A newly-appointed Cabinet minister has privately protested to David Cameron about plans to build thousands of homes on the English countryside.
Nicky Morgan, the new Financial Secretary to the Treasury and Minister for Women who was promoted in last week’s reshuffle, told Mr Cameron that plans to build 9,000 homes were causing “great concern” to her constituents and could overwhelm local schools and roads.
It suggests senior Tories fear they could be punished by rural voters at the next election, after moves to water-down planning regulations provoked anger.
Mrs Morgan has said she supports the government’s reforms to the planning system, which Mr Cameron hopes will lead to tens of thousands more homes being built.
However, voters in Mrs Morgan’s Loughborough constituency have been alarmed by large housing schemes proposed by Charnwood Council, including a 500-property development near the village of Shepshed and 3,000 homes near Garendon Park, a country estate.
Mrs Morgan, who in a year’s time will be defending a 3,700 majority, relayed their concerns in private meetings with David Cameron, Nick Boles, the planning minister, and Steve Quartermain, the Chief Planner who is the Whitehall official in charge of boosting house building.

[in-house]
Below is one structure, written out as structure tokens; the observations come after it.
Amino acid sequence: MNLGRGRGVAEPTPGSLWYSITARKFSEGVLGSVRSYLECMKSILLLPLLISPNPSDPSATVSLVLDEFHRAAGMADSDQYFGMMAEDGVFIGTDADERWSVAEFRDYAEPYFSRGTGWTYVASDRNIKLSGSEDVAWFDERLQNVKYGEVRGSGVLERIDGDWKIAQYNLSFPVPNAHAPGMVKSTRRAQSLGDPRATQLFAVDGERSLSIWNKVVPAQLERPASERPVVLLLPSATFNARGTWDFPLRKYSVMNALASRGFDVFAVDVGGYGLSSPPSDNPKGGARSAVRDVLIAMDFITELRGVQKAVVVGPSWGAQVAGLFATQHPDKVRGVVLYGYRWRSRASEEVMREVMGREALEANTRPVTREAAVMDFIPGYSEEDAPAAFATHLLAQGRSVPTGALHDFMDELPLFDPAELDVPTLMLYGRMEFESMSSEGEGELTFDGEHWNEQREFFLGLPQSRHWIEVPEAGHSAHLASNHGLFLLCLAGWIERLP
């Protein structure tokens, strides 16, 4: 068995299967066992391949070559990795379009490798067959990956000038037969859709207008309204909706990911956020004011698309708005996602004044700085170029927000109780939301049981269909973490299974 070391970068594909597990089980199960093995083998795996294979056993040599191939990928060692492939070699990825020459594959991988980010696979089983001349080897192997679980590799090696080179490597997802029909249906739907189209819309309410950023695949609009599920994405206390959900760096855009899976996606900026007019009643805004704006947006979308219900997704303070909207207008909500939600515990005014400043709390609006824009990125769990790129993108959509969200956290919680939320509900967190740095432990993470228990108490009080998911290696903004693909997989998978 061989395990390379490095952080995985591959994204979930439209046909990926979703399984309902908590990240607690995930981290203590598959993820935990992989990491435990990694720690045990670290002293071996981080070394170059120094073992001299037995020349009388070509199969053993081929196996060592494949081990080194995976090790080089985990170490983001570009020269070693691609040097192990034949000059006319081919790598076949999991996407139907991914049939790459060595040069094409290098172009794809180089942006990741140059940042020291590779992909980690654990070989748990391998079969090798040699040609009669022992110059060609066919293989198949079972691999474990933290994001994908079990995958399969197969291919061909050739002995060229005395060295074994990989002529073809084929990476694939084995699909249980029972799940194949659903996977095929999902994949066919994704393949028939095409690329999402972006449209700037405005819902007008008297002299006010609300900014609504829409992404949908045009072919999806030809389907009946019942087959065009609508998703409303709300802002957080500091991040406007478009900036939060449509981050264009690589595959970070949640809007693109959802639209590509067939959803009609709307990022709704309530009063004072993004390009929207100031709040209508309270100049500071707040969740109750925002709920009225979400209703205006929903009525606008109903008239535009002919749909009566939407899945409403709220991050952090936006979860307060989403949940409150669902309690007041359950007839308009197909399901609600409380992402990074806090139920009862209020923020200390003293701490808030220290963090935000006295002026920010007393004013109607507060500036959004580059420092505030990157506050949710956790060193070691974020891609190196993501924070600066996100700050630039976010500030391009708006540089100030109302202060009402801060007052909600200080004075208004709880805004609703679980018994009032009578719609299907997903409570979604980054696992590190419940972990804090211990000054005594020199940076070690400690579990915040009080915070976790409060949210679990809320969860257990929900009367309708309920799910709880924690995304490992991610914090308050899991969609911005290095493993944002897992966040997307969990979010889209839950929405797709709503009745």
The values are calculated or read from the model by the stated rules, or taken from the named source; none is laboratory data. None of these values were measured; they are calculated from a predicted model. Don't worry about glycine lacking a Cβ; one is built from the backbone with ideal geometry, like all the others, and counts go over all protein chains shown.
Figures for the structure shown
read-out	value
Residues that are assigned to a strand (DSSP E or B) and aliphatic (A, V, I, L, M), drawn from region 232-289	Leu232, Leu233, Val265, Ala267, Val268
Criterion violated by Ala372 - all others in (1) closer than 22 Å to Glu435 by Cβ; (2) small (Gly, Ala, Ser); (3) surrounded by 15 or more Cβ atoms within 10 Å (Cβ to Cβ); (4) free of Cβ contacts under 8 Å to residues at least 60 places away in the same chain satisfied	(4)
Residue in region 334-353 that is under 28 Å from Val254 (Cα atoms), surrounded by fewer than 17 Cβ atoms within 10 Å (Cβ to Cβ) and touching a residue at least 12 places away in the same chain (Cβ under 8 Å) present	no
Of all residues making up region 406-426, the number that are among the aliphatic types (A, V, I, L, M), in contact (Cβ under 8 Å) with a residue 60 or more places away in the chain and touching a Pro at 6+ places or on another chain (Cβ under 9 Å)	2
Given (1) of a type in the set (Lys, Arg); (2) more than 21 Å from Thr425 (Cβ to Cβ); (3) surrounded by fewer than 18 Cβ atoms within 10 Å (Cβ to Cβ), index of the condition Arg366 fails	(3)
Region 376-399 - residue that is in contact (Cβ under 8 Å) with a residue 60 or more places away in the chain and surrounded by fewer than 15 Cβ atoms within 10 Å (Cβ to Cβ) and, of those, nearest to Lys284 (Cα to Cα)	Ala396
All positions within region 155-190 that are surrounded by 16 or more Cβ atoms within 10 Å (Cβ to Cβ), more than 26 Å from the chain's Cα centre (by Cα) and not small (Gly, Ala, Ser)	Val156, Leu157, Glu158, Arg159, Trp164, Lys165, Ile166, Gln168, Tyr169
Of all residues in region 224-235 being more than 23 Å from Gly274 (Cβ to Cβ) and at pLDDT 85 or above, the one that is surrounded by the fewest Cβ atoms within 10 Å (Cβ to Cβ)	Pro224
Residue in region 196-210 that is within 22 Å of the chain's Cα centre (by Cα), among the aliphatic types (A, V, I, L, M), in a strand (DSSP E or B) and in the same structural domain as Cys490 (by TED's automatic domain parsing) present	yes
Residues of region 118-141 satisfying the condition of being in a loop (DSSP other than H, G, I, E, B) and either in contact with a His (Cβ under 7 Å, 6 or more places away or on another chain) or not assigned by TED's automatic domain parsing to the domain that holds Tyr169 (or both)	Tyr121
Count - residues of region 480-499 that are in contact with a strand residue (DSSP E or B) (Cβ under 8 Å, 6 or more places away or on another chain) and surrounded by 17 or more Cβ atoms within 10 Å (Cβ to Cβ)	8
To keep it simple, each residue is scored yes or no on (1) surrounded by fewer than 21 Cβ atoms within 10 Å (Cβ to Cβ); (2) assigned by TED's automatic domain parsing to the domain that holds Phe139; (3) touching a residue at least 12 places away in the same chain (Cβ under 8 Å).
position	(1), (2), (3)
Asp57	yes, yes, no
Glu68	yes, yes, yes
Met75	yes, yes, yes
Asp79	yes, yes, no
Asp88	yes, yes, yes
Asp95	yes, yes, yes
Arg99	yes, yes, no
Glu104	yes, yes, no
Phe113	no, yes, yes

Writing on her personal website in November 2013, Mrs Morgan said she had “continued to raise concerns about local planning at the highest levels of Government.”
“Concerns about planning and inappropriate/too much development is one of the most common concerns local residents talk to me about.
“This week I discussed these concerns with both the Prime Minister and the Planning Minister. I made it clear that while people often accept the need to build more affordable housing and also housing for older residents, developers must listen to the views of local residents and consider the pressure on local infrastructure such as roads and schools.”
The comments were among a series of news entries on Mrs Morgan’s website that been deleted at some point in the last month.
However, an impression of the page has been retained by Google, meaning they are still visible.
Planning reforms under the National Planning Policy Framework have been stiffly resisted by rural campaigners who say they put the countryside at risk by weakening the ability of locals to block developments.
A Treasury source said: “Ministers are constituency MPs. It’s compatible to support government policy and represent concerns on behalf of constituents.”